“I had never really come out of that zone where I could play freely, or play the way I have prepared to play,” Mithali Raj, India’s captain, had said while breaking down her early batting before the ICC Women’s World Cup 2017. India was in the middle of a remarkable 16-match winning streak then.
“I had to stabilise the innings and build partnerships with new batters coming in; which meant the shots that I had worked on could only be played in the latter half of the innings. I am always told by the management to stay till the end. That’s how my batting was shaped during those years. Now with players like Harman (Harmanpreet Kaur), Veda (Krishnamurthy) and Smriti (Mandhana) around, there is a bit of a window where I can take those chances and go for those runs, which I had never done earlier.”
These words were not excuses or a sign of arrogance or selfishness. An average of 51-something to go with 6000-plus runs in One-Day Internationals over a career lasting 18 years and 183 matches lends itself to neither.
It was almost a plea from a 34-year-old icon looking to enjoy her last years in the game.
Unfortunately for Raj, her ‘bat freely’ pass seems to have been retracted on the high-pressure stage, and it’s like old times again, her plea falling on deaf ears.
India began the ICC Women’s World Cup 2017 with a bang, but has since slipped back into being a tentative side with a dot-ball problem, playing around the record-breaking captain. None of those characteristics can help in a tournament where even 300 is no longer seen as a safe total.
Raj, of course, has continued to do what she has always done. After a record run of seven half-centuries in a row, which was only halted by a 46 late last month, she has added two more to her tally, including a history-making 69 on Wednesday in a disappointing eight-wicket loss to Australia.
During that innings – she barely had time to get into her now famous book in the dugout, given that she had to step out in the fourth over – she became the highest run-scorer, the first woman to cross 6000 ODI runs, and took her 2017 average to 77.62.
Those are the numbers of greatness. Yet, she will remember what should have been a special day as the one where India unravelled again on a big stage. “Individual milestones are good, but it’s a team game. If you don’t win matches, nobody would want to be on a losing side and celebrate the milestones,” she said.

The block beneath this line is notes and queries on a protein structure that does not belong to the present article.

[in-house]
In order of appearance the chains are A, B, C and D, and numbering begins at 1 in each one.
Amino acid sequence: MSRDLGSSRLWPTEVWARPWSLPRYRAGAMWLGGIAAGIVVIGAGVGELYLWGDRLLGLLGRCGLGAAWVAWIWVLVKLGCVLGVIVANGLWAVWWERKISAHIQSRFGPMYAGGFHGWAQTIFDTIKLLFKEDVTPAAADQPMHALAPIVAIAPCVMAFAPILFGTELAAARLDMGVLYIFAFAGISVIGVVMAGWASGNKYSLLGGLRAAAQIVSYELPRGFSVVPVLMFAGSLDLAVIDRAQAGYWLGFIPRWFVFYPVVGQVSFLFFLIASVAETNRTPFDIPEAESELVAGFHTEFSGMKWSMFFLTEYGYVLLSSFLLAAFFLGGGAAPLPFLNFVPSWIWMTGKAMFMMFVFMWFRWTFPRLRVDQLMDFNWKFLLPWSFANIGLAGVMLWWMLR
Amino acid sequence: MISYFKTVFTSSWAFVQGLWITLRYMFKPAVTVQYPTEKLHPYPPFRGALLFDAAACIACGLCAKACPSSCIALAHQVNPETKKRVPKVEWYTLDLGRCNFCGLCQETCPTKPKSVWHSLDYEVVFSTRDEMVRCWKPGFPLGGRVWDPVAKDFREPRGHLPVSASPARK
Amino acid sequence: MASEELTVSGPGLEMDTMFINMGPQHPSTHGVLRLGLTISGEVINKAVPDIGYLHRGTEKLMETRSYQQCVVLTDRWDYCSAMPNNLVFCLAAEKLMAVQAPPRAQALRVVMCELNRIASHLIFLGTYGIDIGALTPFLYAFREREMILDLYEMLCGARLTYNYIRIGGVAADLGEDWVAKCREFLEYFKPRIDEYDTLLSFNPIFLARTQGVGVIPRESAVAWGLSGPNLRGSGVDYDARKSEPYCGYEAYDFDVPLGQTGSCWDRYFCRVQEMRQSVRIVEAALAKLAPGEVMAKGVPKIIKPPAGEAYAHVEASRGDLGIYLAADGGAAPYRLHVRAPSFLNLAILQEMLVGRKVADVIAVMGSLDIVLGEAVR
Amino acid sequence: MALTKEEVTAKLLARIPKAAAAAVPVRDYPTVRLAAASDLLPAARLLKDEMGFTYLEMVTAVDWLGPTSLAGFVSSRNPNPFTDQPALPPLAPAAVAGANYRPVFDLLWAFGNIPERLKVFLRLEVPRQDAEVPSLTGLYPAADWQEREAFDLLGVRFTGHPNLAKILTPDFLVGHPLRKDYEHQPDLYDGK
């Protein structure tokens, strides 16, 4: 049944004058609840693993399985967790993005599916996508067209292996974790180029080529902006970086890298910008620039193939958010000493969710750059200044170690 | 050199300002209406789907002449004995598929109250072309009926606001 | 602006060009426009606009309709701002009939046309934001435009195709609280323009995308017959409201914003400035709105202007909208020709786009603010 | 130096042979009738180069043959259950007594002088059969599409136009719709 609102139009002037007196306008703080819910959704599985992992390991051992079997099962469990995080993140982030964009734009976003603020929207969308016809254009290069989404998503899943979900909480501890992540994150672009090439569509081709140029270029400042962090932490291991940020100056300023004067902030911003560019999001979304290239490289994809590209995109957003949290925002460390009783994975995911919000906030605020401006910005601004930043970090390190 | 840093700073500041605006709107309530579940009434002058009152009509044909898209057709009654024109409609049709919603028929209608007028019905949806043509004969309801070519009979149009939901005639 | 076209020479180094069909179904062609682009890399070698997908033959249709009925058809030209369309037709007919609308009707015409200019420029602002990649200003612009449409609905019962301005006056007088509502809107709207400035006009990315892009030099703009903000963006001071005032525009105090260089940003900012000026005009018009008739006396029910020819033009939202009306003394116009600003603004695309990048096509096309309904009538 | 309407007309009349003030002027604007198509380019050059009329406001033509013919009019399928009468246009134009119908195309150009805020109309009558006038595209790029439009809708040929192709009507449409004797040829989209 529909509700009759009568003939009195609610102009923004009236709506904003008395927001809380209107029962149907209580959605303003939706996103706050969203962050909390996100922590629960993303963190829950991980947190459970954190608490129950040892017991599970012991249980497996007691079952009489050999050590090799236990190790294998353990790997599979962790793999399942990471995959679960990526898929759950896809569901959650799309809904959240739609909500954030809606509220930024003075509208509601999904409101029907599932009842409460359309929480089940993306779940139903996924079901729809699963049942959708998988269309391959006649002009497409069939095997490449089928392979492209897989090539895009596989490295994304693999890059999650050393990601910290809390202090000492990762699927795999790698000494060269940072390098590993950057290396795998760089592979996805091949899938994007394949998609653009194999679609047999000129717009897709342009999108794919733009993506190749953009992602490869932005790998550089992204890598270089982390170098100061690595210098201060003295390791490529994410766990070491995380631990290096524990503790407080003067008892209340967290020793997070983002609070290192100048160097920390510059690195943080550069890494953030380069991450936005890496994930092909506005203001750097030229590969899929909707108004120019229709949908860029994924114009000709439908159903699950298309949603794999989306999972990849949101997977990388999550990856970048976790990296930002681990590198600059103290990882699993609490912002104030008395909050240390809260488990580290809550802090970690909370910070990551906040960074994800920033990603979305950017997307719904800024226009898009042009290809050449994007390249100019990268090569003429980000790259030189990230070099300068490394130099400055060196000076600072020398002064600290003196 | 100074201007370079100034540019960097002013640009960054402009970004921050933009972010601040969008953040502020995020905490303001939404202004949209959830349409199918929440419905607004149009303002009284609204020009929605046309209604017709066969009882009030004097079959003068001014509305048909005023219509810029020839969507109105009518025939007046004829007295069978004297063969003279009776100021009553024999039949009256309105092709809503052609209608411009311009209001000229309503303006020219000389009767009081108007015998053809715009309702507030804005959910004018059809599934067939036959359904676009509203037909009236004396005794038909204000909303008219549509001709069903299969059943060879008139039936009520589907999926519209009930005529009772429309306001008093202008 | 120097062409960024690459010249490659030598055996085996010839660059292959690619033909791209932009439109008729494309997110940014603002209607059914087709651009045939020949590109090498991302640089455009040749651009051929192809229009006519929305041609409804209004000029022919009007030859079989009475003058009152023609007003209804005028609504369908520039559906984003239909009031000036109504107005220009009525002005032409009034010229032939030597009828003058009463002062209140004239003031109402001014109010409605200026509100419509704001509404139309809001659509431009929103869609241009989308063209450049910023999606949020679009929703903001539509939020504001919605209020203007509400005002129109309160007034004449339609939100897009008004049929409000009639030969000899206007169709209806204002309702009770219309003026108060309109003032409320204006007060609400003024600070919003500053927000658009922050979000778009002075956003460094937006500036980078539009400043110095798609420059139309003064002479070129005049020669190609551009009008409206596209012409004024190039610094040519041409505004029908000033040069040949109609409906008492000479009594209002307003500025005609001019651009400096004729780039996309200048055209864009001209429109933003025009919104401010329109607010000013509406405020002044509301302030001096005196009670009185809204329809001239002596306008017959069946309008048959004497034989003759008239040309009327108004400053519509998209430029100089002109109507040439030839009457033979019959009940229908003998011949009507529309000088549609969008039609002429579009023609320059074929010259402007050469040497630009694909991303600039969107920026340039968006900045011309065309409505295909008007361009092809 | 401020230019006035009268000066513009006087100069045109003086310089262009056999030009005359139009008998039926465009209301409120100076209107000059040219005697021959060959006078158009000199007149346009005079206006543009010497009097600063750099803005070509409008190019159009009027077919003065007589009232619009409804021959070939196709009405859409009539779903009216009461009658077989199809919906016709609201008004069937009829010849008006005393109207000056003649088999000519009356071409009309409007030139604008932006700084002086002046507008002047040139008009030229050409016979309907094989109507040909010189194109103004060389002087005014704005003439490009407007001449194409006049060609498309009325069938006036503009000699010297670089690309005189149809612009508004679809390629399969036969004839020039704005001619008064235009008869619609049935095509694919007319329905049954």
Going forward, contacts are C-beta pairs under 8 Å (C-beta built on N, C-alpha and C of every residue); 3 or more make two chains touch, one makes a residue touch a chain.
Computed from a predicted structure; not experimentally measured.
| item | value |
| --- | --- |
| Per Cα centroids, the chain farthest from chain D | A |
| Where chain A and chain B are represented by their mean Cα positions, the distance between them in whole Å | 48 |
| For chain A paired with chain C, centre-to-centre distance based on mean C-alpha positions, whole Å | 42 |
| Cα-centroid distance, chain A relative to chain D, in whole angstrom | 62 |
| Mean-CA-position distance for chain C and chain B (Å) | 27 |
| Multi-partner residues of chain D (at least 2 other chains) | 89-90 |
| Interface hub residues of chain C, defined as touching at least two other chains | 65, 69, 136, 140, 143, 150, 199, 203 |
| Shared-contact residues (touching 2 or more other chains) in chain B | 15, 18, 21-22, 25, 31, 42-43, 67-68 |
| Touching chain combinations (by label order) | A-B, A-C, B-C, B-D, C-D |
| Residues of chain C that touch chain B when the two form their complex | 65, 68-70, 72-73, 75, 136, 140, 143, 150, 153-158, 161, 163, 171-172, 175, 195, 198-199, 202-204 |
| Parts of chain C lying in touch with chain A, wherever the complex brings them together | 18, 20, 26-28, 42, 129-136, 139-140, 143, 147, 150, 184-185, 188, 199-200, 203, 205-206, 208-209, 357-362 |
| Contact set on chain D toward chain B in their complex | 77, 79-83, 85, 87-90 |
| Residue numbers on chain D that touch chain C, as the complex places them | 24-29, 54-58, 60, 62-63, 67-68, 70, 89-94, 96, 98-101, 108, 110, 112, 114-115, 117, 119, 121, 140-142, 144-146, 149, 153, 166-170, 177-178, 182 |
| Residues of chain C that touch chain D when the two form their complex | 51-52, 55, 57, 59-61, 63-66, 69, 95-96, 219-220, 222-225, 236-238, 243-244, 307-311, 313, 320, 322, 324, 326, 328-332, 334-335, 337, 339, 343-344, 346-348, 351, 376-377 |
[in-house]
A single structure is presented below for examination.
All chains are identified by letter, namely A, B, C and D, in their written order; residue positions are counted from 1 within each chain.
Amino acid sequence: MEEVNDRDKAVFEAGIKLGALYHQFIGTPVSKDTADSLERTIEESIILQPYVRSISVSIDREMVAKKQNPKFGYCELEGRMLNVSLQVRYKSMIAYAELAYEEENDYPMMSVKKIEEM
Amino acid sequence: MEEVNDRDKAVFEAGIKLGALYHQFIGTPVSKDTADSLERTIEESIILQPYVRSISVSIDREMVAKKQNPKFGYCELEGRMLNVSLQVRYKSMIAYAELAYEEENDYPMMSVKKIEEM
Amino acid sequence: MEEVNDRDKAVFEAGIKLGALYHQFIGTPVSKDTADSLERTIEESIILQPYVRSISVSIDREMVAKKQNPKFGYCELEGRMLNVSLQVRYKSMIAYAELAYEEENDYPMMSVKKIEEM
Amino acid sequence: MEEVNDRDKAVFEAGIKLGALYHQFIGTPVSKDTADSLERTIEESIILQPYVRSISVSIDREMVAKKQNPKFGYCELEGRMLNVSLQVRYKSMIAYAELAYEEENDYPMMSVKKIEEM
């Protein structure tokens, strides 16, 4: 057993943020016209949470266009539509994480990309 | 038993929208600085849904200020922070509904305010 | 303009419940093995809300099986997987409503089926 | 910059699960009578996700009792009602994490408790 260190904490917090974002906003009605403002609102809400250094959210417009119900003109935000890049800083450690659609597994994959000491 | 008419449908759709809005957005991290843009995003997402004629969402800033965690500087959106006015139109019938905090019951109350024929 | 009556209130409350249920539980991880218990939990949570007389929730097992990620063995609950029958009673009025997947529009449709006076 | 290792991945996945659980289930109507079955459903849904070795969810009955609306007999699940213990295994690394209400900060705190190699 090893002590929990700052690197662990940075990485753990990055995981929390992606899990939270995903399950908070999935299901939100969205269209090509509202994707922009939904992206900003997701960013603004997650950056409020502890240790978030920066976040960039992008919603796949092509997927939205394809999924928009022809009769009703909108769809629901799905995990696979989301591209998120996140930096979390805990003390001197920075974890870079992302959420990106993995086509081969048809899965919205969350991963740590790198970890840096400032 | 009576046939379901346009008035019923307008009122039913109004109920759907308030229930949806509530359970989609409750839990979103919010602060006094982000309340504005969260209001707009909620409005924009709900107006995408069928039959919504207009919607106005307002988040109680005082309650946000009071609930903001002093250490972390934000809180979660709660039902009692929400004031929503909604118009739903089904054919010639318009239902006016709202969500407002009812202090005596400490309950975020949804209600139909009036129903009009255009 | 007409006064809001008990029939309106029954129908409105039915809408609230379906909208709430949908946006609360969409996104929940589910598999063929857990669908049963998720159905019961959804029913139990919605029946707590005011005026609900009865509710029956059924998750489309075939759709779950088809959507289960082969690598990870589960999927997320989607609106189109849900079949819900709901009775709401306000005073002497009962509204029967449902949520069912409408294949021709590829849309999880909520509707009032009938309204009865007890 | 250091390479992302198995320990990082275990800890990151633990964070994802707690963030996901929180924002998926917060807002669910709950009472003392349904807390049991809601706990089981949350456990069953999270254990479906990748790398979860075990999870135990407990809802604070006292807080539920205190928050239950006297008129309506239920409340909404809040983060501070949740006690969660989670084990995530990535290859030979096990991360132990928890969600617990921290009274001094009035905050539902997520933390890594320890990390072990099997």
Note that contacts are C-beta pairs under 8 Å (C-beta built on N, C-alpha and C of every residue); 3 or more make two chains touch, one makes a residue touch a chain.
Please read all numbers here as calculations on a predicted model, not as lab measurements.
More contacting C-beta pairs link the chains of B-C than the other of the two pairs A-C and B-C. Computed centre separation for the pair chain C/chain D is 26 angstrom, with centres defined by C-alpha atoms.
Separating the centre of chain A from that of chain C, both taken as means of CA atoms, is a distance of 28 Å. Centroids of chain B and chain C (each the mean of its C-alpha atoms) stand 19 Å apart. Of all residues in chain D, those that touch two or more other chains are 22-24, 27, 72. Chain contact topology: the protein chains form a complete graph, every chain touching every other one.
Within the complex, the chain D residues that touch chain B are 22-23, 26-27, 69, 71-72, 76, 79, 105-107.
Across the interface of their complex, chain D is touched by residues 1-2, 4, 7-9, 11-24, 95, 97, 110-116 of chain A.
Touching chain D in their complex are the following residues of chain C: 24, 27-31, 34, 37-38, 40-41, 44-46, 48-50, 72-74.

During India’s eventual 226 for 7, she dug in for 37 overs, but played out 114 balls for her 69 at a bewildering strike rate of 60.52.
Those numbers suggest a burden of responsibility.
“I have enjoyed batting, always did, especially when the team requires me to get runs,” said Raj after the game. “But one thing always constant is the burden that I have carried all through my career. I felt that somewhere if I had few more batters to support me, maybe my game would have been much better. Even coming into the World Cup, considering how the team has been performing in the last two years, I felt it was the right time for me to elevate my own batting standards. But again it has come back to the same phase where me being in the middle gives a lot of confidence to the other batters, and it keeps the dressing room confident.
“Poonam (Raut, the opener) did tell me, ‘you stay there’ (while Poonam was the aggressor). She feels confident when I’m around. If not for myself at least for a batter scoring runs, I need to be around.
“Because of that partnership we had a few more runs in the end. Had we lost my wicket, the whole responsibility would be on the middle order, which hasn’t been performing. I knew that I was taking a lot of time in the middle, but I was in a situation where I need to (stop) feeling bad that I’m taking many balls to get those runs. That was what the team required me to do, even (though) as a batter I wouldn’t have done that.”